It was easy to be cynical a year ago.
It seemed like downtown Phoenix was its own version of Shrek’s swamp. There were critters that wanted a place to roam and play, but the powers that be had their own idea.
The city government, ASU leadership, community members, student government and other downtown forces were at arms with each other, and until a day of agreement came, downtown would remain a place of disgruntlement and dissatisfaction.
That era is over. Today makes last year seem long ago.
How things can change:
TaylorFest and the arrival of Shannon Conley as the new community coordinator at Taylor Place set the tone for the culture change. Conley initiated the community-involved festival for students during Welcome Week and understood the importance of connecting students with their new home.
Perhaps the most significant shift in attention to downtown took place with the introduction of Cronkite School Dean Christopher Callahan as the new Downtown vice provost. Callahan is raising the bar and remains open to suggestions on how to improve the student experience downtown. Also, if you have not checked out the SmartPHX app, do so now.
And a significant amount of respect should be given to Downtown student government Local Affairs Director Michael Homan. He is the founder of the great “Buy Local, Be Local” campaign and is part of a young group of student government representatives keen on the idea of bettering life for Downtown students.
City officials came to bat for Roosevelt Row and downtown community members in helping make the Valley of the Sunflowers project a reality. The city also spared the celebrated ficus tree from a construction demise on First and Pierce streets after the neighborhood rallied behind the tree’s future this summer.
The Downtown Phoenix Partnership is speaking out in support of all of downtown. They understand the need for more downtown residents and increased walkability and are not letting up in their efforts.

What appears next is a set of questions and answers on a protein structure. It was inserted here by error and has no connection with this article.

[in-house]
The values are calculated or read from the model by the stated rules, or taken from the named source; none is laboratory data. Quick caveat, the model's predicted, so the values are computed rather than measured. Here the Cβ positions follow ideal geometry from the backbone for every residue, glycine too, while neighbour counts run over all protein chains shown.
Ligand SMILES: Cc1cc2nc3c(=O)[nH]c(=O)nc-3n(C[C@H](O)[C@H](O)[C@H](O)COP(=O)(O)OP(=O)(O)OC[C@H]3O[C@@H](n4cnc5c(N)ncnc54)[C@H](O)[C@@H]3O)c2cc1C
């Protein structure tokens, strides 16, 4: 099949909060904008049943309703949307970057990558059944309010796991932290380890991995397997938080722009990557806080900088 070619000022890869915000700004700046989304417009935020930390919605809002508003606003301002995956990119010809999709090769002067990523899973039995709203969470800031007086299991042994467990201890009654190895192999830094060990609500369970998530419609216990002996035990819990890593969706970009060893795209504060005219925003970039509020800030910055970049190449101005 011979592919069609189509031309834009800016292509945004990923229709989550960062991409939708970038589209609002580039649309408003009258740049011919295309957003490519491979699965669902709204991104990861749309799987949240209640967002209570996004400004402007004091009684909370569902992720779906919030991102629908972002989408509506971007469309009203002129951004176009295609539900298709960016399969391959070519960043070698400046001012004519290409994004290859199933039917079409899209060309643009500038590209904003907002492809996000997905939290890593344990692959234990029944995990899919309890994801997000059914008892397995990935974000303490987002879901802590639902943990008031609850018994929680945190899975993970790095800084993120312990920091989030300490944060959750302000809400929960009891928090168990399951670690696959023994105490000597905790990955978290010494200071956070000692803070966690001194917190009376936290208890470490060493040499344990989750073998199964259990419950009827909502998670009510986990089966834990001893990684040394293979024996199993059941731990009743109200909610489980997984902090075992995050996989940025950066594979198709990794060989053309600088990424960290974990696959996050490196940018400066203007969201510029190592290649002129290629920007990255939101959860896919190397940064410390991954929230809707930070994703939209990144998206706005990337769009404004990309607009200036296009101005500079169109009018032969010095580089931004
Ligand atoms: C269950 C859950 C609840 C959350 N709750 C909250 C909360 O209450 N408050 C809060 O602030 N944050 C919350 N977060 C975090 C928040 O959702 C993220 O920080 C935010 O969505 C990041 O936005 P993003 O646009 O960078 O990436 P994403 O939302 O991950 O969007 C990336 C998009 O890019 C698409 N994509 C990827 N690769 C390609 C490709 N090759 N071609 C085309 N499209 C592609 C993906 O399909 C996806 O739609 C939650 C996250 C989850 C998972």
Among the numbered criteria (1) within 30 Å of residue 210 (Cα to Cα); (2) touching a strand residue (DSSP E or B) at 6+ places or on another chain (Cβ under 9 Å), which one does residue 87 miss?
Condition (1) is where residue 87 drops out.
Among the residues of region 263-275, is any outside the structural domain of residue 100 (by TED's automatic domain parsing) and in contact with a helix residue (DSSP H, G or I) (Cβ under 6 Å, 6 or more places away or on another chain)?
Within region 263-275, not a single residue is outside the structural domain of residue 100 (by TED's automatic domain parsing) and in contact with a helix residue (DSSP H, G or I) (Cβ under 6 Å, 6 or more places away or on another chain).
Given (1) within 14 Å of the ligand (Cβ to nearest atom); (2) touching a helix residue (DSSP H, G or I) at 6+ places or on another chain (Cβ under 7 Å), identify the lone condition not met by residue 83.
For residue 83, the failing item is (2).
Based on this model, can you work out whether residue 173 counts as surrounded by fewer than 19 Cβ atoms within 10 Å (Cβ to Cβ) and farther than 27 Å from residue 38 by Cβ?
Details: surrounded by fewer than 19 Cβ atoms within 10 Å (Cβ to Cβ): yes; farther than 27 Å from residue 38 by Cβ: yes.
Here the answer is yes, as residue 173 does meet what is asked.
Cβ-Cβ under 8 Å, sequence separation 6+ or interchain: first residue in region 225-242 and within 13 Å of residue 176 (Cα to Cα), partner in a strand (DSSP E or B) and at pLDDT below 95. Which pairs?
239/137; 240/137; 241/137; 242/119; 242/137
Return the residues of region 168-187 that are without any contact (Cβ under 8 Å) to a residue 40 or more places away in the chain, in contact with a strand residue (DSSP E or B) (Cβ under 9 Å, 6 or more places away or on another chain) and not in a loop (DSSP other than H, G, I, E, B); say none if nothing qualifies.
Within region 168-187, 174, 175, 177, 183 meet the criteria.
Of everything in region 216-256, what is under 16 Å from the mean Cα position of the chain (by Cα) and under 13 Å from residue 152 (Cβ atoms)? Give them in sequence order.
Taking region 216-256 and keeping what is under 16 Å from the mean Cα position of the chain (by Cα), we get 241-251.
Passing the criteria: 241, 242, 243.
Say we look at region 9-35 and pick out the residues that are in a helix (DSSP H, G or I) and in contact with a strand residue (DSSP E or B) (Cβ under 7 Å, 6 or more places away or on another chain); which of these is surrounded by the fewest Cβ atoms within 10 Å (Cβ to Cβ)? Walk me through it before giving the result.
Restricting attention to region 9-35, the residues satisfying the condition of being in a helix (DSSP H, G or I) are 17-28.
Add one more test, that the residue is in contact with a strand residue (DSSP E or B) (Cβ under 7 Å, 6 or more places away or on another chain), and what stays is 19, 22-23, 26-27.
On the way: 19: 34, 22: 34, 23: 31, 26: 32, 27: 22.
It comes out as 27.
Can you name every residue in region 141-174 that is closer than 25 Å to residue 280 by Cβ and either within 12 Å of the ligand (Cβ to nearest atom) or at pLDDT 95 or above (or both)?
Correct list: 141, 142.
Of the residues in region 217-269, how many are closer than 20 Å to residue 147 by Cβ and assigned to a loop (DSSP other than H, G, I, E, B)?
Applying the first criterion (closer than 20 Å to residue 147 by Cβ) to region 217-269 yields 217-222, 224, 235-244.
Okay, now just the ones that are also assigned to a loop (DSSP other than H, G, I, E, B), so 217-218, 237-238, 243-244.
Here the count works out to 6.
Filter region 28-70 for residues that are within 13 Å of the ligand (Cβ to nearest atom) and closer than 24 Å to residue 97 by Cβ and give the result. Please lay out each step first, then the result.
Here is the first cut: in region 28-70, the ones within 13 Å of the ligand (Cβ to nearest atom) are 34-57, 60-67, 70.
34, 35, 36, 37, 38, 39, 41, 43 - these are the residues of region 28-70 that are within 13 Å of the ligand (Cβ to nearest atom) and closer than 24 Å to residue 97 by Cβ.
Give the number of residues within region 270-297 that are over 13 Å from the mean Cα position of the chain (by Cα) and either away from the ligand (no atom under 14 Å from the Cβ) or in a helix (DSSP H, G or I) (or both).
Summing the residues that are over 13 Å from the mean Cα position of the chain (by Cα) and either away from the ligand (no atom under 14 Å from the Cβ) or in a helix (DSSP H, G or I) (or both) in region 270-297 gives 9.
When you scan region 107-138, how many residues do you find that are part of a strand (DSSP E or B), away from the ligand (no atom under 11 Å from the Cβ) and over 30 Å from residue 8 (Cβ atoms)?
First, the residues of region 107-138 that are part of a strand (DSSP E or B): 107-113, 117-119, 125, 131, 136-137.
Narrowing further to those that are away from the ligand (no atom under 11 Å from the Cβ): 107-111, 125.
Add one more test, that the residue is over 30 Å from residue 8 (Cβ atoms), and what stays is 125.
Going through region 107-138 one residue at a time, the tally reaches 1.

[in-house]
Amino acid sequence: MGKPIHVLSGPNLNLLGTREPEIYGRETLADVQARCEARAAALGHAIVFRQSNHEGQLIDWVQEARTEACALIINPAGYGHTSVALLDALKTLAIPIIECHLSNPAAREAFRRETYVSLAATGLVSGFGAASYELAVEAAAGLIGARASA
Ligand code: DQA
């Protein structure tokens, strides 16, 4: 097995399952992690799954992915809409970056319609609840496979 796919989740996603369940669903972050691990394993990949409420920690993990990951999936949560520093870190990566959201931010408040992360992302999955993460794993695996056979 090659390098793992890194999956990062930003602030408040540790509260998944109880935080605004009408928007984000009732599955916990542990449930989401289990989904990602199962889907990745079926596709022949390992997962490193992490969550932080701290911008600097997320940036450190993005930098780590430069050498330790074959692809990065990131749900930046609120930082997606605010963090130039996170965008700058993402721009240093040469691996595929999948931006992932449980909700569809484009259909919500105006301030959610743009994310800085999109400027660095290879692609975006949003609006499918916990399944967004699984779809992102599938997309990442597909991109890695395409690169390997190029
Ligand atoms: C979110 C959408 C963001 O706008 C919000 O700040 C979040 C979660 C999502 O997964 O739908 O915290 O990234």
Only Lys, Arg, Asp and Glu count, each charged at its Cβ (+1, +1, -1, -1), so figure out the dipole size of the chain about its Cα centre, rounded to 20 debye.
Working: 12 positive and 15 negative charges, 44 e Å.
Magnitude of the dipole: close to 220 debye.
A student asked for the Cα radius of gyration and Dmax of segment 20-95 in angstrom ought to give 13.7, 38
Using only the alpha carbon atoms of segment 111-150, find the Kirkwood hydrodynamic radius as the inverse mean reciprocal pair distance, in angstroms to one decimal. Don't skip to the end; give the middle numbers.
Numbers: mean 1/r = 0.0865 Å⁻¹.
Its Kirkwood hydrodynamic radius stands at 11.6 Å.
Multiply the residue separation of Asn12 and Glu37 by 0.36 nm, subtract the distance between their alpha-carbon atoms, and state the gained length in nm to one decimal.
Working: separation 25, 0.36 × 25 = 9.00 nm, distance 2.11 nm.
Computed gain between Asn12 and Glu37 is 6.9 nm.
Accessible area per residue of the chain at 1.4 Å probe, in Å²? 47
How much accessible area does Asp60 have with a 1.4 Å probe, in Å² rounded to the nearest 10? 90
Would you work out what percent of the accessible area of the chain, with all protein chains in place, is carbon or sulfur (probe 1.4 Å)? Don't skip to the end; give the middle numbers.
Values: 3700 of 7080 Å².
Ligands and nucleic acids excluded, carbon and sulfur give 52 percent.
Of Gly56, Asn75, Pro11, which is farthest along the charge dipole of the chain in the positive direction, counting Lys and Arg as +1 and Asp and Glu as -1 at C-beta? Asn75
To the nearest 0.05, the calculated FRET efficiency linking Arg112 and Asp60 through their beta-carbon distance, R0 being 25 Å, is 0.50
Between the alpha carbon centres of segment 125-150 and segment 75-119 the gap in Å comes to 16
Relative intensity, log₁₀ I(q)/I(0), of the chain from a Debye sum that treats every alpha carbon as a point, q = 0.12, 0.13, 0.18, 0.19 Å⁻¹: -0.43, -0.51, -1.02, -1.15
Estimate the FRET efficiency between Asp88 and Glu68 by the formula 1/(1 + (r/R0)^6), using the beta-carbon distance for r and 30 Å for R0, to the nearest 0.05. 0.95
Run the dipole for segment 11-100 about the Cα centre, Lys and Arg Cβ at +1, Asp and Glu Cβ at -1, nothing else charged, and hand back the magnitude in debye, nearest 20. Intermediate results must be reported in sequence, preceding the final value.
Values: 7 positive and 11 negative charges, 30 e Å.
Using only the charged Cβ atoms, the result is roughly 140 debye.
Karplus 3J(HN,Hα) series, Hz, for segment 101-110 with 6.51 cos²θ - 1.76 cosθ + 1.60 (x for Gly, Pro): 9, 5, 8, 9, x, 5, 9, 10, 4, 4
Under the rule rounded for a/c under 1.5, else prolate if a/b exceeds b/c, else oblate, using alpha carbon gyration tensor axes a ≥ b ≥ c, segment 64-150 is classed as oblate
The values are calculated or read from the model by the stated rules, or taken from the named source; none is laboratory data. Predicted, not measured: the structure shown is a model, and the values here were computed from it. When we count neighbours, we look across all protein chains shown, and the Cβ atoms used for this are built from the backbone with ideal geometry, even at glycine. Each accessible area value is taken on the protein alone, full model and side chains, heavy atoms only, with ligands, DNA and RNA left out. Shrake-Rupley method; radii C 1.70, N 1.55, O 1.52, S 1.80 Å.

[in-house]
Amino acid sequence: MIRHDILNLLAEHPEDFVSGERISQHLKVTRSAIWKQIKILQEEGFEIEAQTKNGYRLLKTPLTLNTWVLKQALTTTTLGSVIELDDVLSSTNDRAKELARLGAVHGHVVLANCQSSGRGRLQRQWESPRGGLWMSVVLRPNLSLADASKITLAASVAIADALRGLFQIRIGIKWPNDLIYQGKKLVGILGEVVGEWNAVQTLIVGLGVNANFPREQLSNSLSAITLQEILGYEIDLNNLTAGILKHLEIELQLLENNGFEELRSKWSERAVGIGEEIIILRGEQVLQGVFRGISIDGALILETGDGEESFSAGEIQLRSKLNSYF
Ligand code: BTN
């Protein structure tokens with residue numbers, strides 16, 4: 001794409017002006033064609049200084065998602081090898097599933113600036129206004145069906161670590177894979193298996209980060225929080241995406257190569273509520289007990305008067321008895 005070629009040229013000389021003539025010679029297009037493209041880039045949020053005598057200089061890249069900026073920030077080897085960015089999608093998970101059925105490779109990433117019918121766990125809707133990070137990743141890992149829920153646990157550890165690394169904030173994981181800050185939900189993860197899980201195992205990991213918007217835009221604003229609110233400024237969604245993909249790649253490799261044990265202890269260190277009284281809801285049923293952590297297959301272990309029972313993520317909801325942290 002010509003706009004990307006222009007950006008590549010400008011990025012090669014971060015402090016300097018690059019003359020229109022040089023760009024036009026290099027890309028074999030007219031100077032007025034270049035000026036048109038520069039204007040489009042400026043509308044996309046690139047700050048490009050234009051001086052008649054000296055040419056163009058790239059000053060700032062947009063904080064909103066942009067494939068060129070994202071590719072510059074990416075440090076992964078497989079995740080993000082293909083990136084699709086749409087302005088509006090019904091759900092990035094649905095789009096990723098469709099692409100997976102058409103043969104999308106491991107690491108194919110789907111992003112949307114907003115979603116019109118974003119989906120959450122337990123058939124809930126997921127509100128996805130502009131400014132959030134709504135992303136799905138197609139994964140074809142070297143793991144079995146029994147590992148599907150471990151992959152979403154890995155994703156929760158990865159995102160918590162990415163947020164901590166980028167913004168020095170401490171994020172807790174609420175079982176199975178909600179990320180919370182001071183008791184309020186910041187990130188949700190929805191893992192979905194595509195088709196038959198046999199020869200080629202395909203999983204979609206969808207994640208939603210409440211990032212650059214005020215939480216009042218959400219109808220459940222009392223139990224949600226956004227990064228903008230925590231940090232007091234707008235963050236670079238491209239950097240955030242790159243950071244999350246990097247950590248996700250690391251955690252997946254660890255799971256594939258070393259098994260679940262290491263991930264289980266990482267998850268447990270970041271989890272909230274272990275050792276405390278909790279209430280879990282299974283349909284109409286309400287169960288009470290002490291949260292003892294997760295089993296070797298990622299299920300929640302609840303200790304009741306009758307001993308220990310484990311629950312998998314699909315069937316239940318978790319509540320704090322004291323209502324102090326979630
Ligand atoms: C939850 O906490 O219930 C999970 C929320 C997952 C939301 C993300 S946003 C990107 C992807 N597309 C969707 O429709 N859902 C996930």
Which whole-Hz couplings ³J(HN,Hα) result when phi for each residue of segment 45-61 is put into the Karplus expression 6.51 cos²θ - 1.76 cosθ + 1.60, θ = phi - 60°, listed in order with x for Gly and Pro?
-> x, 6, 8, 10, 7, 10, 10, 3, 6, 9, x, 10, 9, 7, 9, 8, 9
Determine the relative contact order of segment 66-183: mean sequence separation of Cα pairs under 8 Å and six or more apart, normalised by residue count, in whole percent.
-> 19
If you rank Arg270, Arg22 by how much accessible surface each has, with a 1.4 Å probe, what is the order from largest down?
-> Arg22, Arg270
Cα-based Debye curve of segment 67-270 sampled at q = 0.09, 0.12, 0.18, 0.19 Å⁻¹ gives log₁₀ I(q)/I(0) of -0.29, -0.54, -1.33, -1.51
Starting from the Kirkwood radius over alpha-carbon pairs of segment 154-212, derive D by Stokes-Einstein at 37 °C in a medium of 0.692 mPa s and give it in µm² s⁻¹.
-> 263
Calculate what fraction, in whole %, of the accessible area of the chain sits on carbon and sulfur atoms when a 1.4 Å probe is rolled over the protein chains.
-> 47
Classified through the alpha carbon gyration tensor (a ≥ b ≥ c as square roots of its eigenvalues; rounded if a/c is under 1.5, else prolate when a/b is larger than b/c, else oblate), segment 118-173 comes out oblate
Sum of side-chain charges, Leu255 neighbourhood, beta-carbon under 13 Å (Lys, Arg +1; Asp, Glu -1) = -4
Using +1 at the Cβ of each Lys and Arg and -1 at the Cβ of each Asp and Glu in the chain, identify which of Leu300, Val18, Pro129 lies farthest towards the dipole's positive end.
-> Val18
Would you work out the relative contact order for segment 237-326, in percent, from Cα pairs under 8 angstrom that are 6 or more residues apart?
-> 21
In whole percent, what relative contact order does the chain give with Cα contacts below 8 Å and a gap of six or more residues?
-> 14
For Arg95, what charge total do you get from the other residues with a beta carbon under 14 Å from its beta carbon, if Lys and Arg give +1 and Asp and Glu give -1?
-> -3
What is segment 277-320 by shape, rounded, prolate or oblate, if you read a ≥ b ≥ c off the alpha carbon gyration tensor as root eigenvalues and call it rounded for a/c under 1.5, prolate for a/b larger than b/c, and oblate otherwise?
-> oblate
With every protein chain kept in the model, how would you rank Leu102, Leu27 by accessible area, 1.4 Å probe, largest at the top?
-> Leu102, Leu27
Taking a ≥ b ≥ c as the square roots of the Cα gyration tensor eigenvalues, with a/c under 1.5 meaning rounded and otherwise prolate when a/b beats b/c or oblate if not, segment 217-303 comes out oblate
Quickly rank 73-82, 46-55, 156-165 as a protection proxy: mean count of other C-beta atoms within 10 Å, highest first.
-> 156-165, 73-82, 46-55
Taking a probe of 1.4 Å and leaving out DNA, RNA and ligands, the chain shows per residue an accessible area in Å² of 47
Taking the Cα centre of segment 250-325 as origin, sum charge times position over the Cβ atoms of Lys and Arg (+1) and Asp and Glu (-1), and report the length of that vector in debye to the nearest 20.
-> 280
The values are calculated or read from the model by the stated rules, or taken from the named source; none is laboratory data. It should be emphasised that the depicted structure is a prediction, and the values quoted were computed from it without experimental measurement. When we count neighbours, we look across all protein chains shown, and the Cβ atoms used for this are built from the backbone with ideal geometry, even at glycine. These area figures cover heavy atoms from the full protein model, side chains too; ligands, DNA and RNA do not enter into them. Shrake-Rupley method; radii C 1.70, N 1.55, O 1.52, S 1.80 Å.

As a strong voice for community interaction, Jill Johnson, the Downtown campus program manager for Barrett, the Honors College, has focused on improving student involvement throughout the downtown community.
Finally, the Downtown Devil continues to be a significant player in bringing this exact conversation to a larger space with a variety of voices to the table. These voices all needed to have an outlet to communicate, and the Downtown Devil made that possible through the launch of Downtown Devil Discussions this semester.
Downtown Phoenix is full of strong-willed individuals and entities. Each has different ideas and different methods, but the same mission. We all want to make downtown better each day and that’s what we’re now doing – together.
Let’s not allow that mutual chain of connected arms to break. Let’s give constructive criticism or, better yet, sit down over a cup of coffee and talk it out.
We’re now in the position to make downtown amazing. Let’s all grasp it and appreciate the situation we have put ourselves in. Downtowners are on the same page. And if you aren’t, it’s time to jump on board.
Two years ago, this conversation was nearly non-existent. One year ago, the conversation was muddy and frustrating. Today, we’re together and optimistic. Tomorrow, let’s make it better — one saved tree, two acres of sunflowers and seven delightful coffee shops at a time.
And for us students, downtown is now fully open and ready for our exploration. The city is moving quickly. Downtown is alive. Now it’s our turn to proudly be part of it.
Contact the writer at email@example.com
Vaughn Hillyard is a journalism junior at the Walter Cronkite School and the founder and president of ASU Downtown Alive!